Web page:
Southern Rockies Nature Blog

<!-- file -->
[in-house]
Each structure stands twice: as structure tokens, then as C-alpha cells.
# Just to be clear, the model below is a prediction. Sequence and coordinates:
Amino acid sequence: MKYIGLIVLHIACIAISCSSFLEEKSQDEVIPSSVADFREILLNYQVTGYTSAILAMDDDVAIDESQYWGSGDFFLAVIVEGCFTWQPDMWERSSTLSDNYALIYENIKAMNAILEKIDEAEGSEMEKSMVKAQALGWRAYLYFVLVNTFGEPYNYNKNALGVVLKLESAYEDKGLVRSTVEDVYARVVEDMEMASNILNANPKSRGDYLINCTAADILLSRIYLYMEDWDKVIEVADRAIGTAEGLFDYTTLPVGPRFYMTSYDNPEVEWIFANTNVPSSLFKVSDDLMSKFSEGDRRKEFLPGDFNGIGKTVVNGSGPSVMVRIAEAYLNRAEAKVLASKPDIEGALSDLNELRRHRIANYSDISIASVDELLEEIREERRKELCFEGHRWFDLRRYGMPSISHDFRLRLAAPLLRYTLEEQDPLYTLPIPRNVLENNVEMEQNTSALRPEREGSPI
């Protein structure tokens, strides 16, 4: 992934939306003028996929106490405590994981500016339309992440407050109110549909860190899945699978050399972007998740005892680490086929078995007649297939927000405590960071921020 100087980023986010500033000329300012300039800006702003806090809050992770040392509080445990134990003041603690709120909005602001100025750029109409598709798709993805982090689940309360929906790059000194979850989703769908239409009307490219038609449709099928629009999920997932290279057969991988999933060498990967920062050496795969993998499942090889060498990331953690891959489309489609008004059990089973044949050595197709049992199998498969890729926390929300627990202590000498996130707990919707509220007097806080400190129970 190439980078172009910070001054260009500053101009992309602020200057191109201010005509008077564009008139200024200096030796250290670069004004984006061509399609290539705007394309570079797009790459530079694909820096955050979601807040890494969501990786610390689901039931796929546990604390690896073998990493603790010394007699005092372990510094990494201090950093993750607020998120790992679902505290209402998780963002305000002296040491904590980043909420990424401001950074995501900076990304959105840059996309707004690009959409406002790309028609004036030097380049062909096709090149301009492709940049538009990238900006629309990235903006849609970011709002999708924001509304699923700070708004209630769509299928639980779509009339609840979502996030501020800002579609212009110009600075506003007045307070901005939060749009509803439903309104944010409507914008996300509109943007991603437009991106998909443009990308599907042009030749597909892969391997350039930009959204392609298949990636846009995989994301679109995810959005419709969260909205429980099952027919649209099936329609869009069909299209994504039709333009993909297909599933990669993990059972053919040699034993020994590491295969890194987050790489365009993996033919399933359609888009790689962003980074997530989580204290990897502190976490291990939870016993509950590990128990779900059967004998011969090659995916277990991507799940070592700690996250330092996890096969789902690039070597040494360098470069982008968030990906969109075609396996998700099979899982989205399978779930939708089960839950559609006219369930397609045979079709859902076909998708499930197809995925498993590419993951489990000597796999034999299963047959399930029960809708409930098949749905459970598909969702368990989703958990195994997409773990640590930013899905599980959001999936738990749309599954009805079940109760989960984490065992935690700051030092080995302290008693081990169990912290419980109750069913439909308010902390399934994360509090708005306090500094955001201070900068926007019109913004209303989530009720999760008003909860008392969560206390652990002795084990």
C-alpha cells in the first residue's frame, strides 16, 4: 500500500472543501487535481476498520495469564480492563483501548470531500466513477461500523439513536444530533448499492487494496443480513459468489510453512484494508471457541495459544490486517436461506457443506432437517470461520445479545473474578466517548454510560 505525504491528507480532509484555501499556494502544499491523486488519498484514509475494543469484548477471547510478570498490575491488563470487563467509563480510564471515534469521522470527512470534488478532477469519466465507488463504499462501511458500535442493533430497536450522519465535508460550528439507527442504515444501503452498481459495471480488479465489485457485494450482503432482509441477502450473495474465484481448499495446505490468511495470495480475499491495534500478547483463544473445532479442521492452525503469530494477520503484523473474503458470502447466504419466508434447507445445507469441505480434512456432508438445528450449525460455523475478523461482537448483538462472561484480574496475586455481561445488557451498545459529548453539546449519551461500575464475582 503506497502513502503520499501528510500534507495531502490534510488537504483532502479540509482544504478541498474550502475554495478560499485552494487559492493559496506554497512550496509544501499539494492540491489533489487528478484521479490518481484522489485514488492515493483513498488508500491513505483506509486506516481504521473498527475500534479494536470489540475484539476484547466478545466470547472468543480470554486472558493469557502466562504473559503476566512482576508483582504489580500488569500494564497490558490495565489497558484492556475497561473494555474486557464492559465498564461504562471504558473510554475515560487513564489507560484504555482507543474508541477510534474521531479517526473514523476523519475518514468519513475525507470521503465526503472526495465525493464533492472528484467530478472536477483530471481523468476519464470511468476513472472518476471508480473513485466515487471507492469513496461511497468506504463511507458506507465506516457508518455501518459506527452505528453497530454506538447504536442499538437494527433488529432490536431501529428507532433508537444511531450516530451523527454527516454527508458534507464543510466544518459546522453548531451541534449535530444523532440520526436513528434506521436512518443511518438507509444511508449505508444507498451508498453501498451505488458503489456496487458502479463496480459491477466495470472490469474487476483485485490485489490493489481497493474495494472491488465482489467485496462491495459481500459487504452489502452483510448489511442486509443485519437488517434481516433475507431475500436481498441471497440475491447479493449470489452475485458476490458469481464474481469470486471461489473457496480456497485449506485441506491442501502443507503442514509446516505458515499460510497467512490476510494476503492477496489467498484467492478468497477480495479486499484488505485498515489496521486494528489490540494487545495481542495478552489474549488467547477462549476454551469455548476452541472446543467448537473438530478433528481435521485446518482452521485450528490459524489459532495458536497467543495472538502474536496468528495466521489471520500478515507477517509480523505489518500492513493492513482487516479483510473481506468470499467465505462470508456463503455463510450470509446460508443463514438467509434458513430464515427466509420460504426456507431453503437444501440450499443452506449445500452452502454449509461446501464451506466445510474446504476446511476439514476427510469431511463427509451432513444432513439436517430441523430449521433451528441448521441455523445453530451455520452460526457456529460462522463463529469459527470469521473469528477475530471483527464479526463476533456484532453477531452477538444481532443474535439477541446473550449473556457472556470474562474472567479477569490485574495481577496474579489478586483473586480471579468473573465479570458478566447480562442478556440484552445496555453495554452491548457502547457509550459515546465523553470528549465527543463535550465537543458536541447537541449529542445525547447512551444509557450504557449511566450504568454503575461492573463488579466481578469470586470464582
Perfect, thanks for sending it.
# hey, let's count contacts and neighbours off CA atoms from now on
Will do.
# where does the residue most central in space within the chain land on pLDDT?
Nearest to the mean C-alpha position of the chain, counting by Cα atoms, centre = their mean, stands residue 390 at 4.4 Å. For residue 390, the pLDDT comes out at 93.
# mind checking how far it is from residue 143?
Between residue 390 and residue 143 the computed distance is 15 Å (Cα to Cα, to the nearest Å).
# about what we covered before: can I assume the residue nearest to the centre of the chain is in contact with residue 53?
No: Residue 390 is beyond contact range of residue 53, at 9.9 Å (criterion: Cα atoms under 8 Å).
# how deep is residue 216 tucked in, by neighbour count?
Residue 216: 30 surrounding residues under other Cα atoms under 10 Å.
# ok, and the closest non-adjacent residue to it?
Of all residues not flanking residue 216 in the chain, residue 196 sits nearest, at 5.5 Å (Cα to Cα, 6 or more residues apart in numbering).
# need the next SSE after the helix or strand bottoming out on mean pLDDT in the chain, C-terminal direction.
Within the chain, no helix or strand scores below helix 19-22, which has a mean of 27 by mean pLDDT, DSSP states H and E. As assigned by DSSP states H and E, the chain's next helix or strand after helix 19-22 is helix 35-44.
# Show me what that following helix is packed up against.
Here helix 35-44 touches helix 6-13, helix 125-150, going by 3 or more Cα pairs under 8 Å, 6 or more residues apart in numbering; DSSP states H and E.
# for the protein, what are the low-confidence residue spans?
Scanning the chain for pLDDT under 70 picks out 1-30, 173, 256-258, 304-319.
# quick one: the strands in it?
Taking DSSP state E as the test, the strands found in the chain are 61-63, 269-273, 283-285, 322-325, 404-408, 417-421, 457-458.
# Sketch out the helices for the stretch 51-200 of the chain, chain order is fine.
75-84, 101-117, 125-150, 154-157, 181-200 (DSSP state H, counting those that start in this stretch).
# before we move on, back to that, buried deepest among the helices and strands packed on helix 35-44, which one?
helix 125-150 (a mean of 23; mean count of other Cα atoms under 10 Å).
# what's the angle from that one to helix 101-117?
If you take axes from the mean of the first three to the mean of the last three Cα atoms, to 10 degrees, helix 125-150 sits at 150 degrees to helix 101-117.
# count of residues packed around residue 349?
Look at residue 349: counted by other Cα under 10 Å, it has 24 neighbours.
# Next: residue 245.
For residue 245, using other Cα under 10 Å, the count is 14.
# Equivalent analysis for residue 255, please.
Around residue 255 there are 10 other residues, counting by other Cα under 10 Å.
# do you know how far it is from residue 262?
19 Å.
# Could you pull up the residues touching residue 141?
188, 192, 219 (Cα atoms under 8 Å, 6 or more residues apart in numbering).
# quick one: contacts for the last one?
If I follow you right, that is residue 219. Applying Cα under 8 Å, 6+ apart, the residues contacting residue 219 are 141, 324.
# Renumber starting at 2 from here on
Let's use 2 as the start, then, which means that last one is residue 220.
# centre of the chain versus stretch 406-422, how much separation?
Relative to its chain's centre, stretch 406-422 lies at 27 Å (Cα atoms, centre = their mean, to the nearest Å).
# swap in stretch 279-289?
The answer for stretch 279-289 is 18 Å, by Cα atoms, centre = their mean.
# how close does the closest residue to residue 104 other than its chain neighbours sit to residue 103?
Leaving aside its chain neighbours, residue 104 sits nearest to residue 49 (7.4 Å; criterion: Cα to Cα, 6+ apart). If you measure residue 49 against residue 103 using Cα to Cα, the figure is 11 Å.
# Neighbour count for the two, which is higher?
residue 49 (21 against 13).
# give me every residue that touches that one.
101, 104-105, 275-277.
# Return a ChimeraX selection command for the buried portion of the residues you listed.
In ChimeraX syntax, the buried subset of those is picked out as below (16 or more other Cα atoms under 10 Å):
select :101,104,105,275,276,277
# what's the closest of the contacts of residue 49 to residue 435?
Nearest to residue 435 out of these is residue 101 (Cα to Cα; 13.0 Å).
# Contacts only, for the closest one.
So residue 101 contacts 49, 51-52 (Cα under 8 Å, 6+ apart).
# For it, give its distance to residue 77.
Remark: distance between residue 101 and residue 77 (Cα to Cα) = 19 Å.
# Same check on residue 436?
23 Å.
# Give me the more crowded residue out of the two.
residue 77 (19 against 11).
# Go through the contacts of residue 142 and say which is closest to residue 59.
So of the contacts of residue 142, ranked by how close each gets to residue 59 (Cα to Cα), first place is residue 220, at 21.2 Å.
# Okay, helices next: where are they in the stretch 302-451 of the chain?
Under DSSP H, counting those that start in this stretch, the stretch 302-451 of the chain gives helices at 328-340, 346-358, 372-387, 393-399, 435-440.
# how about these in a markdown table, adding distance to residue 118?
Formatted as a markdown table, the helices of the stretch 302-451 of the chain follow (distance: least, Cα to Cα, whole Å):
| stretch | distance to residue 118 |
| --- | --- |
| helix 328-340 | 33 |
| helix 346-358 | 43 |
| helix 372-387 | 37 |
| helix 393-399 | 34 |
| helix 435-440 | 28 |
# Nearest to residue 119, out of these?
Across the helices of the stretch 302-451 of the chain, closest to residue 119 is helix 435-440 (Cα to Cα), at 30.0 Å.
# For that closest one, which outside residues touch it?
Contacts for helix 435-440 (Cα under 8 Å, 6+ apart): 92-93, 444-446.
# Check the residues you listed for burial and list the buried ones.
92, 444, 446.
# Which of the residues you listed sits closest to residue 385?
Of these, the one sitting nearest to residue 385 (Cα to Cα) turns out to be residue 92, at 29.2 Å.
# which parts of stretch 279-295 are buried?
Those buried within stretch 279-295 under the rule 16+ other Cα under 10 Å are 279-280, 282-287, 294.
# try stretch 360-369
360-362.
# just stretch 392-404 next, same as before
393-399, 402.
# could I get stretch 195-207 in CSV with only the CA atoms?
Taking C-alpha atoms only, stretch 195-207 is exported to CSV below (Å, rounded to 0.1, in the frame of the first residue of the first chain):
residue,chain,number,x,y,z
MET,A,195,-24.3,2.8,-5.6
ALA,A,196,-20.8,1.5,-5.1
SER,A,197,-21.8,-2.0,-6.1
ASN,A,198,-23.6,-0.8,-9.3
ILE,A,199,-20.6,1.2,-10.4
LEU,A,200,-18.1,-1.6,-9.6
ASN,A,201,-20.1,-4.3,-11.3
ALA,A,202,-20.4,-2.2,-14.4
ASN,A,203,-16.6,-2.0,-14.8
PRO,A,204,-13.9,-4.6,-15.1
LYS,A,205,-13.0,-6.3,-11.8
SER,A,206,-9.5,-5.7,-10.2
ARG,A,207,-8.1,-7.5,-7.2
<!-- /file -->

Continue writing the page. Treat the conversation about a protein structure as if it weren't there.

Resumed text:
Wednesday August 27th, 2014 at 08:17 PMEmerging king bolete. "Anatoly" Baskets were stacked in the pickup's bed big, flat-bottomed baskets with integral handles serious mushroom-collecting baskets. I had just parked M's Jeep at the edge of a little clear-cut, a spot close to but not too close to the place we call "the mushroom store." We were standing behind it, her looking sort of woods-ninja, all in black with binocular slung, me in the red shirt I wore so that she could keep track of me. No packs, no baskets, no bags. That... Saturday August 23rd, 2014 at 08:35 AMDavid Arora's book All That the Rain Promises and More: A Hip Pocket Guide to Western Mushrooms is one of our favorites, right after Vera Evenson's Mushrooms of Colorado and the Southern Rocky Mountains. (His magnum opus is Mushrooms Demystified.) So with that expertise, would you sit down to a steaming plate of Amanita muscaria (fly agaric) if he cooked them? Wild-food blogger Langdon Cook did and got an education. More than any other species, though, Arora is known for serving his guests... Tuesday August 19th, 2014 at 12:52 PMPal, the proto-Lassie, in 1942 (Wikipedia)Entertainment-industry dog news is outside the remit of this blog, except that I recently mentioned Lassie's stint with some fictive version of the U.S. Forest Service "She," played by another descent of the legendary collie dog Pal, retains an 83 percent 'brand awareness' among Americans; words like 'loyal,' 'hero' and 'heartwarming' were most often associated with the character," reports the New York Times. With brand loyalty like that, Lassie can... Sunday August 17th, 2014 at 03:37 PMWant to buy a southern Colorado ghost town? It has been mostly restored, and it is a National Historic District too. Listed with Sotheby's real estate division, so not cheap. Wolverines will not get federal protection in Colorado as a "threatened" species. The pro-protection argument was based on projected climate change. This sounds like something from the Daily Mail but can the Lone Star Tick force you to become a vegetarian (or at least a piscavore)? Monday August 11th, 2014 at 04:05 PMSheet Mountain in western Huerfano County under an uncommon cap of cloud, post-thunderstorm. It and its neighbor, Little Sheep Mountain, are known for their carbon dioxide field. There is a jokey title in there somewhere. Friday August 8th, 2014 at 09:01 AMA week ago we stopped in at "the lodge," the first time in years. Despite the merely average food (heavy on burgers and burritos) and watery coffee, it hits an emotional place for both M. and me. Creaky, uneven wooden floors, knotty-pine paneling for her it echoes similar establishments in the Vermont of her childhood, for me it is the same, only with memories of the Black Hills or little Colorado mountain resorts like Platoro or some place up in the Poudre River canyon. Near our booth in... Saturday August 2nd, 2014 at 03:36 PMI apologize to everyone whose email I did not answer or whose editing job I am behind schedule on, but yesterday despite (because of?) the rainy week, I just had to get out of this house. So M., the dog, and I took a walk in the rainy forest and found some mushrooms, some to admire and some to eat. The Wet Mountains were living up to their name. That is Lake Isabel down below.
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